•  Filing a Patent Application       Many individual inventors will now pay 75% lower USPTO fees.  For example, the basic patent application filing fee for an inventor qualifying for the new micro entity status is $70, in contrast to the standard $280 fee or to the $140 fee for small entity status.
A company to whom an inventor assigns rights to an invention may now file a patent application for the invention.

If you need to get a patent quickly, a Track One prioritized examination will give you a decision on your application within about 12 months.  Fee: $2,400 for a small entity.
  •  Third Party Submissions   A third party may now anonymously submit documents relevant to examination of a patent application while the examination is in progress.  The party may also ask the USPTO to cancel claims of an issued patent.
Some additional advice:  Don’t submit pages of a lab notebook as a provisional application for a patent.  Such submissions will likely be challenged under 35 CFR 112 if the validity of your patent is ever challenged in court.

Thank you for this excellent presentation, Mr. Hood!

Patent Drawings by Richard McVicker

Some inventions patented by our members:

Bob Brand
3,179,907 Tuning system for television receivers
3,219,933 Television tuner switching system
3,241,072 Tuning control system
3,538,466 Television tuner cast housing with integrally cast transmission lines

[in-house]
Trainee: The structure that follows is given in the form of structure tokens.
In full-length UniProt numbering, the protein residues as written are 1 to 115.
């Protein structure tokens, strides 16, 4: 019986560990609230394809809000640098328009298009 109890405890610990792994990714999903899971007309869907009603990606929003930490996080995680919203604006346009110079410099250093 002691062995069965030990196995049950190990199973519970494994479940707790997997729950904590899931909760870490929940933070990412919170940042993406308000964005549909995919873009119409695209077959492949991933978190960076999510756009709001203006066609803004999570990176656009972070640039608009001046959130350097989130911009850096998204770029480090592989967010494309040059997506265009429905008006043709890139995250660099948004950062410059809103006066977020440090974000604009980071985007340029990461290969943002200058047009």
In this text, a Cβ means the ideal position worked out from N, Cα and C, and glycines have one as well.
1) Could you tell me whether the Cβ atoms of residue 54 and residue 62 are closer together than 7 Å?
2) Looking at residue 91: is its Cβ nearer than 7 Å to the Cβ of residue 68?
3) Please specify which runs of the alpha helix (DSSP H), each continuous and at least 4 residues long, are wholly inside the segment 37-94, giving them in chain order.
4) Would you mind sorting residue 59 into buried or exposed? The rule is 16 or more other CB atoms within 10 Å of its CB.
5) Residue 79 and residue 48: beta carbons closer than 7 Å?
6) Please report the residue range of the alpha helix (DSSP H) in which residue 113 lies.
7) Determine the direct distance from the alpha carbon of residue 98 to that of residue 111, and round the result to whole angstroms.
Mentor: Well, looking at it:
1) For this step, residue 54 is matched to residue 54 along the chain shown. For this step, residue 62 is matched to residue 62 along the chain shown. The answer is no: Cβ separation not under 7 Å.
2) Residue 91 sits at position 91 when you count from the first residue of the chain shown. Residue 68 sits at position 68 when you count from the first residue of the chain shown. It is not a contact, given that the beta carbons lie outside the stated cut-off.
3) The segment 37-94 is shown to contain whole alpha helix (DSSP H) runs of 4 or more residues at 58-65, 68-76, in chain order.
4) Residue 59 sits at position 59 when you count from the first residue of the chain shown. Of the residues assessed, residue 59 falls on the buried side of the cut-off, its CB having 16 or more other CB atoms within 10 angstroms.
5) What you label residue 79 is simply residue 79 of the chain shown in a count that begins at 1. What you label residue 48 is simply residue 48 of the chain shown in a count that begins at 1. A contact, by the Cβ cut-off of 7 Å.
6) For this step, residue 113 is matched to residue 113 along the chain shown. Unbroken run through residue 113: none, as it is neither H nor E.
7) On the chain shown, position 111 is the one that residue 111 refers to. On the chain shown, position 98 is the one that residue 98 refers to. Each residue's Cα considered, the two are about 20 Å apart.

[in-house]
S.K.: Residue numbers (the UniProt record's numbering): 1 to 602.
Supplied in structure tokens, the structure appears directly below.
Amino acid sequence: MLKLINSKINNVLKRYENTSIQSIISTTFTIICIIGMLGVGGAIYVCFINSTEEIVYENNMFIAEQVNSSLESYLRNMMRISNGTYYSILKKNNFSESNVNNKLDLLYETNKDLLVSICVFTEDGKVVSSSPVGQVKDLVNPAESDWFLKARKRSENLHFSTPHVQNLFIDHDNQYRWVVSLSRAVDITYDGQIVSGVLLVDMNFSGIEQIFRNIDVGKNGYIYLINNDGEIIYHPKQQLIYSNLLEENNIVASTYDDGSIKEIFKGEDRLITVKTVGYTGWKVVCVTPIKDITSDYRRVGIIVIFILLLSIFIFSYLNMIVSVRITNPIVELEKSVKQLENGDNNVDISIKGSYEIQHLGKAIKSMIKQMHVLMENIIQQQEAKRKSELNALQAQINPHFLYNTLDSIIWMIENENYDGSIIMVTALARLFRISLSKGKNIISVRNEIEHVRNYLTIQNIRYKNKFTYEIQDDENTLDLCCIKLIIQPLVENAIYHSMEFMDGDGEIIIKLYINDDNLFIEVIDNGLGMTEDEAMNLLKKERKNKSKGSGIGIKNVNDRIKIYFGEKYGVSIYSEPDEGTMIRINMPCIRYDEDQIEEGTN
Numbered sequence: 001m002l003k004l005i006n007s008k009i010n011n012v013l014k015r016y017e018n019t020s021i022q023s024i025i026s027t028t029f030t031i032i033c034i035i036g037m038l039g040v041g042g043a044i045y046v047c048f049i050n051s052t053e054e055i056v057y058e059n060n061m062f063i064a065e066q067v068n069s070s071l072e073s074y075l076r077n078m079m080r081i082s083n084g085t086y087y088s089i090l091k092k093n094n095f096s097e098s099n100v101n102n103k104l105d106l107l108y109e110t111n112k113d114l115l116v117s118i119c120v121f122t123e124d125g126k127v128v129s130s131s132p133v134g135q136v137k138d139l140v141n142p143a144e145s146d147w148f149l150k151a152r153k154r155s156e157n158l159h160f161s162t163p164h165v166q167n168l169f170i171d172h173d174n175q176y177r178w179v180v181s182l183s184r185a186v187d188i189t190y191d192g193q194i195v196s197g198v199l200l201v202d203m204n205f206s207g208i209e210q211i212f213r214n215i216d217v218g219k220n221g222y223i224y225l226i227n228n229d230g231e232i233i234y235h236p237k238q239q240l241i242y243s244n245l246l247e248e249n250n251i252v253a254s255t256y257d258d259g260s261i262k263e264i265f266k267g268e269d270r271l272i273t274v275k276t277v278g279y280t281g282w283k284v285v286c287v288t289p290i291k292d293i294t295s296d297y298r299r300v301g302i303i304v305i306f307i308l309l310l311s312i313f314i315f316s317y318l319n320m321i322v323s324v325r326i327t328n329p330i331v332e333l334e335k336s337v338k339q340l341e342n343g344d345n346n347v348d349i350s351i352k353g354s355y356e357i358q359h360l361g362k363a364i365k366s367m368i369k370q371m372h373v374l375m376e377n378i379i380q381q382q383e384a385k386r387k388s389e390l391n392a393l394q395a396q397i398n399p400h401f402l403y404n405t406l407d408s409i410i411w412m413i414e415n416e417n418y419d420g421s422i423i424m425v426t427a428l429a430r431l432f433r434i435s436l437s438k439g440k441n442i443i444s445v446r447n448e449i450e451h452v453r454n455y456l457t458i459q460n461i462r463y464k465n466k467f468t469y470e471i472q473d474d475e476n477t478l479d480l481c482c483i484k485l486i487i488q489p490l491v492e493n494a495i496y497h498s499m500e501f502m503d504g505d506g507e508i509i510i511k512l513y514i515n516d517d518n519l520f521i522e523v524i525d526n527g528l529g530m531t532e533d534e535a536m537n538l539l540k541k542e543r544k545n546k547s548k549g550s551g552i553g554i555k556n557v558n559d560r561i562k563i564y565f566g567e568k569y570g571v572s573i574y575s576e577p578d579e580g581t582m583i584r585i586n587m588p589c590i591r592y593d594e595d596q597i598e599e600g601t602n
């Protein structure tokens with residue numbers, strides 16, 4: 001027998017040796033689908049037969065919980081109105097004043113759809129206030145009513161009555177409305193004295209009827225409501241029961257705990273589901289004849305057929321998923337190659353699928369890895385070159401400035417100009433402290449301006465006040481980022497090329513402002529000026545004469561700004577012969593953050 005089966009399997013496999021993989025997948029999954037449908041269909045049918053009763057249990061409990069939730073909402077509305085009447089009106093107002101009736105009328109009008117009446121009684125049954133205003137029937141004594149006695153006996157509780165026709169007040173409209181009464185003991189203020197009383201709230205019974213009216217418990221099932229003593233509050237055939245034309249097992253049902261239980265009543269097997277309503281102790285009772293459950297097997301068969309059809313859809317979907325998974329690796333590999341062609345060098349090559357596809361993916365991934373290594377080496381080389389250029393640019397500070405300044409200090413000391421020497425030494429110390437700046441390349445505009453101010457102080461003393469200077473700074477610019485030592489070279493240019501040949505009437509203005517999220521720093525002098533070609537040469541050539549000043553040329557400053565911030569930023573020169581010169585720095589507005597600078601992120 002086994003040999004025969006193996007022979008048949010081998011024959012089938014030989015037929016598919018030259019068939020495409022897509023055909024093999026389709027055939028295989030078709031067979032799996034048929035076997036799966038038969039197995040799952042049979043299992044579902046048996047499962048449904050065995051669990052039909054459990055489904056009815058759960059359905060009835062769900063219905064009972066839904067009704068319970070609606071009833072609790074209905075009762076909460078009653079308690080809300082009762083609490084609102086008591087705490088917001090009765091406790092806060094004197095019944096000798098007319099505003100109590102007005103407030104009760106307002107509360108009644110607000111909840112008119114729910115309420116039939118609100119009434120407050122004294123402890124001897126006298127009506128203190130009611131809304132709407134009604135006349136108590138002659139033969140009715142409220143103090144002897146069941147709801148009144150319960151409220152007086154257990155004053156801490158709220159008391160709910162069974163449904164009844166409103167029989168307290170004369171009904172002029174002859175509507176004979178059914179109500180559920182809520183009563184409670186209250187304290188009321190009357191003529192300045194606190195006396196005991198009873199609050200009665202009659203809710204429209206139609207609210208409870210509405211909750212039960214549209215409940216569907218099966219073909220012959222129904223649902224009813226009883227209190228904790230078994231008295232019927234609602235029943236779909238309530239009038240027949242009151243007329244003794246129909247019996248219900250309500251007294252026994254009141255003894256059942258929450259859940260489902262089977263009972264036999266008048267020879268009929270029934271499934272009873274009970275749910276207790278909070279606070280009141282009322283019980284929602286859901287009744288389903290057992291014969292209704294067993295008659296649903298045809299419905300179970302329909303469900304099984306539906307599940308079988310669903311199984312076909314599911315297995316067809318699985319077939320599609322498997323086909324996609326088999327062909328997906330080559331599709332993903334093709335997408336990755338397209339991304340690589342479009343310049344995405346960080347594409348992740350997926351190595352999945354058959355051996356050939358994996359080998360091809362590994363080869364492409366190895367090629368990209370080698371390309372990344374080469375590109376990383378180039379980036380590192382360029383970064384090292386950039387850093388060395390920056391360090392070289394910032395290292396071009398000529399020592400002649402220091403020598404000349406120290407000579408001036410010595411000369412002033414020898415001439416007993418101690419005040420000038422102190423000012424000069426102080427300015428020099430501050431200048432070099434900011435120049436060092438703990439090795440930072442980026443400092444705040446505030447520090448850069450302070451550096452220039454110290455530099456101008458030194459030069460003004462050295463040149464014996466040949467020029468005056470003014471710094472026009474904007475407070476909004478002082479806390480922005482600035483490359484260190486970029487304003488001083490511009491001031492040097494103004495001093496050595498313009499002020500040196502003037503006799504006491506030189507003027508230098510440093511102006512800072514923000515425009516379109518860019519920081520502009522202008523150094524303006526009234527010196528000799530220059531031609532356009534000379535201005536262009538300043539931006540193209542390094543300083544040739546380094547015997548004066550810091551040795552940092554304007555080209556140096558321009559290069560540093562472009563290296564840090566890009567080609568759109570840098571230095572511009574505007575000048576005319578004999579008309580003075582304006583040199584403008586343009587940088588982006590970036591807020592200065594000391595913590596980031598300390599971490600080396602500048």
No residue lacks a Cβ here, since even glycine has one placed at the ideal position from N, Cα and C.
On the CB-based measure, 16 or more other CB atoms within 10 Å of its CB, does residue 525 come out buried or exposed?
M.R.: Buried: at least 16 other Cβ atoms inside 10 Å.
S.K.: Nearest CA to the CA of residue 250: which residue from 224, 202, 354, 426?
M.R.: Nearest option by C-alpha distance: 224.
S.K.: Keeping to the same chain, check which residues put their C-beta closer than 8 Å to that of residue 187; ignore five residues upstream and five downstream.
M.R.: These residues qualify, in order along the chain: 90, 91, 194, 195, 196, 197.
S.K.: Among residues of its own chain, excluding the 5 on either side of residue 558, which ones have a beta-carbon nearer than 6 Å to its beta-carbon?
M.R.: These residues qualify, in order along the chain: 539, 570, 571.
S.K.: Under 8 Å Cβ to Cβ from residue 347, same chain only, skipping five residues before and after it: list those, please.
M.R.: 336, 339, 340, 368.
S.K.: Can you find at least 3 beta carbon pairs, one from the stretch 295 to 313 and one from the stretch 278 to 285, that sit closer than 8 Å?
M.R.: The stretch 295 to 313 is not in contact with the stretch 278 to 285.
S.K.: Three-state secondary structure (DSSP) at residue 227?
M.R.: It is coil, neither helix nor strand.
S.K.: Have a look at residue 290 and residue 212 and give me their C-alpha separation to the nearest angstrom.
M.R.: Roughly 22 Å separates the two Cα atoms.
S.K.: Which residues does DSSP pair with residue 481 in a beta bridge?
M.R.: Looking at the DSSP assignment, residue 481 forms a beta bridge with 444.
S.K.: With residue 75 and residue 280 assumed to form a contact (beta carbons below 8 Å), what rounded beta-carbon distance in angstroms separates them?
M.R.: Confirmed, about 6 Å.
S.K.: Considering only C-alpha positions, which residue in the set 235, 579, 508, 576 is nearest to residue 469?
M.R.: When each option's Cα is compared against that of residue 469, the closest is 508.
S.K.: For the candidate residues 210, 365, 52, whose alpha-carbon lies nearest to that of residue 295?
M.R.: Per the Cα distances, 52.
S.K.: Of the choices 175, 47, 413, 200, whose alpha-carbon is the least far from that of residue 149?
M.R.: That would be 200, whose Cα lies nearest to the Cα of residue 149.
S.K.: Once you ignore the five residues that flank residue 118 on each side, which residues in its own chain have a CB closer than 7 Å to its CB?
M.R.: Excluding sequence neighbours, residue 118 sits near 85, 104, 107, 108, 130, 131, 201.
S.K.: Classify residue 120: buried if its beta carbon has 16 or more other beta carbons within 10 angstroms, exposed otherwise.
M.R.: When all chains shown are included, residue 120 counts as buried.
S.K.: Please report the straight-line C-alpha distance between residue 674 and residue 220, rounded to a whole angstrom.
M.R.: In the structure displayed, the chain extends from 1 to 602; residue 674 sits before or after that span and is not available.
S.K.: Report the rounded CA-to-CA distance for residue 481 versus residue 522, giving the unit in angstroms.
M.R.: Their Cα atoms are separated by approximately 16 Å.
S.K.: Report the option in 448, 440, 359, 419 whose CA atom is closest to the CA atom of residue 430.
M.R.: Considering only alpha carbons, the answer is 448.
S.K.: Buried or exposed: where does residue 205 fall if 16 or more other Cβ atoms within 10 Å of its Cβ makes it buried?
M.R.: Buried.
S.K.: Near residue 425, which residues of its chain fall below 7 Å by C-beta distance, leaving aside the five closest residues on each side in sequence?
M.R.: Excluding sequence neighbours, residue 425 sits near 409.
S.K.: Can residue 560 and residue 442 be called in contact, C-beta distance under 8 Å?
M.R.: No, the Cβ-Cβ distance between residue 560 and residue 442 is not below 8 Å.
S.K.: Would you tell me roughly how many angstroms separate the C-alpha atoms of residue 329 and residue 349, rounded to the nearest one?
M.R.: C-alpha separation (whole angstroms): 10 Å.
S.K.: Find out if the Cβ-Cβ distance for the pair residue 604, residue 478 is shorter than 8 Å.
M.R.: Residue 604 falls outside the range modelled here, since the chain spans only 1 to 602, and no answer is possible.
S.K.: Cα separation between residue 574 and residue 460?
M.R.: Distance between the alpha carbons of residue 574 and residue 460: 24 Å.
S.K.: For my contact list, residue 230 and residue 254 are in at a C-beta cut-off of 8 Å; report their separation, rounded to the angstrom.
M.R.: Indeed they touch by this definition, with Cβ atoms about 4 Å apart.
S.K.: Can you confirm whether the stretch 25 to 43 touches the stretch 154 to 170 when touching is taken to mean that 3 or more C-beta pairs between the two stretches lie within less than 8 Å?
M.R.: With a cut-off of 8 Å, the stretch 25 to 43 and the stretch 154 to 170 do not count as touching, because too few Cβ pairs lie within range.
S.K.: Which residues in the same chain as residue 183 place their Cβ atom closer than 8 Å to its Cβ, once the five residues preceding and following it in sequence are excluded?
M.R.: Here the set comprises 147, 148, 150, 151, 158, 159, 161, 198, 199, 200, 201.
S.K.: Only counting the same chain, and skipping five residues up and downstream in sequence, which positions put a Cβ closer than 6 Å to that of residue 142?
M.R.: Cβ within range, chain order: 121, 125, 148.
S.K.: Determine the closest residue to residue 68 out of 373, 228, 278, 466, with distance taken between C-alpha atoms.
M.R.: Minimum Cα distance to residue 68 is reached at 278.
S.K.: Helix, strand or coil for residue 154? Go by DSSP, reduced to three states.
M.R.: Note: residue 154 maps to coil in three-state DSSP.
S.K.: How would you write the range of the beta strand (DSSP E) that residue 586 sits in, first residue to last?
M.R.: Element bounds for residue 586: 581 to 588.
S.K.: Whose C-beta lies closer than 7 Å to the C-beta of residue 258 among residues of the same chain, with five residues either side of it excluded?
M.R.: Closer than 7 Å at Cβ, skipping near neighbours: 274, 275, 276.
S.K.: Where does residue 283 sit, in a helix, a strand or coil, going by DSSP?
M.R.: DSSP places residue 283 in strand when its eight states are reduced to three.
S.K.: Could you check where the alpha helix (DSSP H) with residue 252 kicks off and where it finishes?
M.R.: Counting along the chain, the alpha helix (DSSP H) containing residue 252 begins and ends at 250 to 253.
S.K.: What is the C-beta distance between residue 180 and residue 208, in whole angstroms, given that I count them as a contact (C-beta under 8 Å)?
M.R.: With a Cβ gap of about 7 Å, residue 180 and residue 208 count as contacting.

4,503,740 Optical cutting edge locator for a cutting apparatus
4,503,896 Dog system for veneer slicer
4,601,317 Veneer slicing system
5,511,598 Veneer-slicer with remotely controllable blade angle adjustment
5,562,137 Method and apparatus for retaining a flitch for cutting
5,590,700 Vacuum flitch table with self-cleaning vacuum valve
5,678,619 Method and apparatus for cutting veneer from a tapered flitch
5,680,887 Veneer slicer with timing belt
5,694,995 Method and apparatus for preparing a flitch for cutting
5,701,938 Method and apparatus for retaining a flitch for cutting
5,819,828 Method and apparatus for preparing a flitch for cutting
5,868,187 Method and apparatus for retaining a flitch for cutting
7,395,843 Method and apparatus for retaining a flitch for cutting
7,552,750 Method and apparatus for cutting veneer sheets from a flitch

Kenton Brett
6023685 Computer controlled event ticket auctioning system
6704713 Computer controlled event ticket auctioning system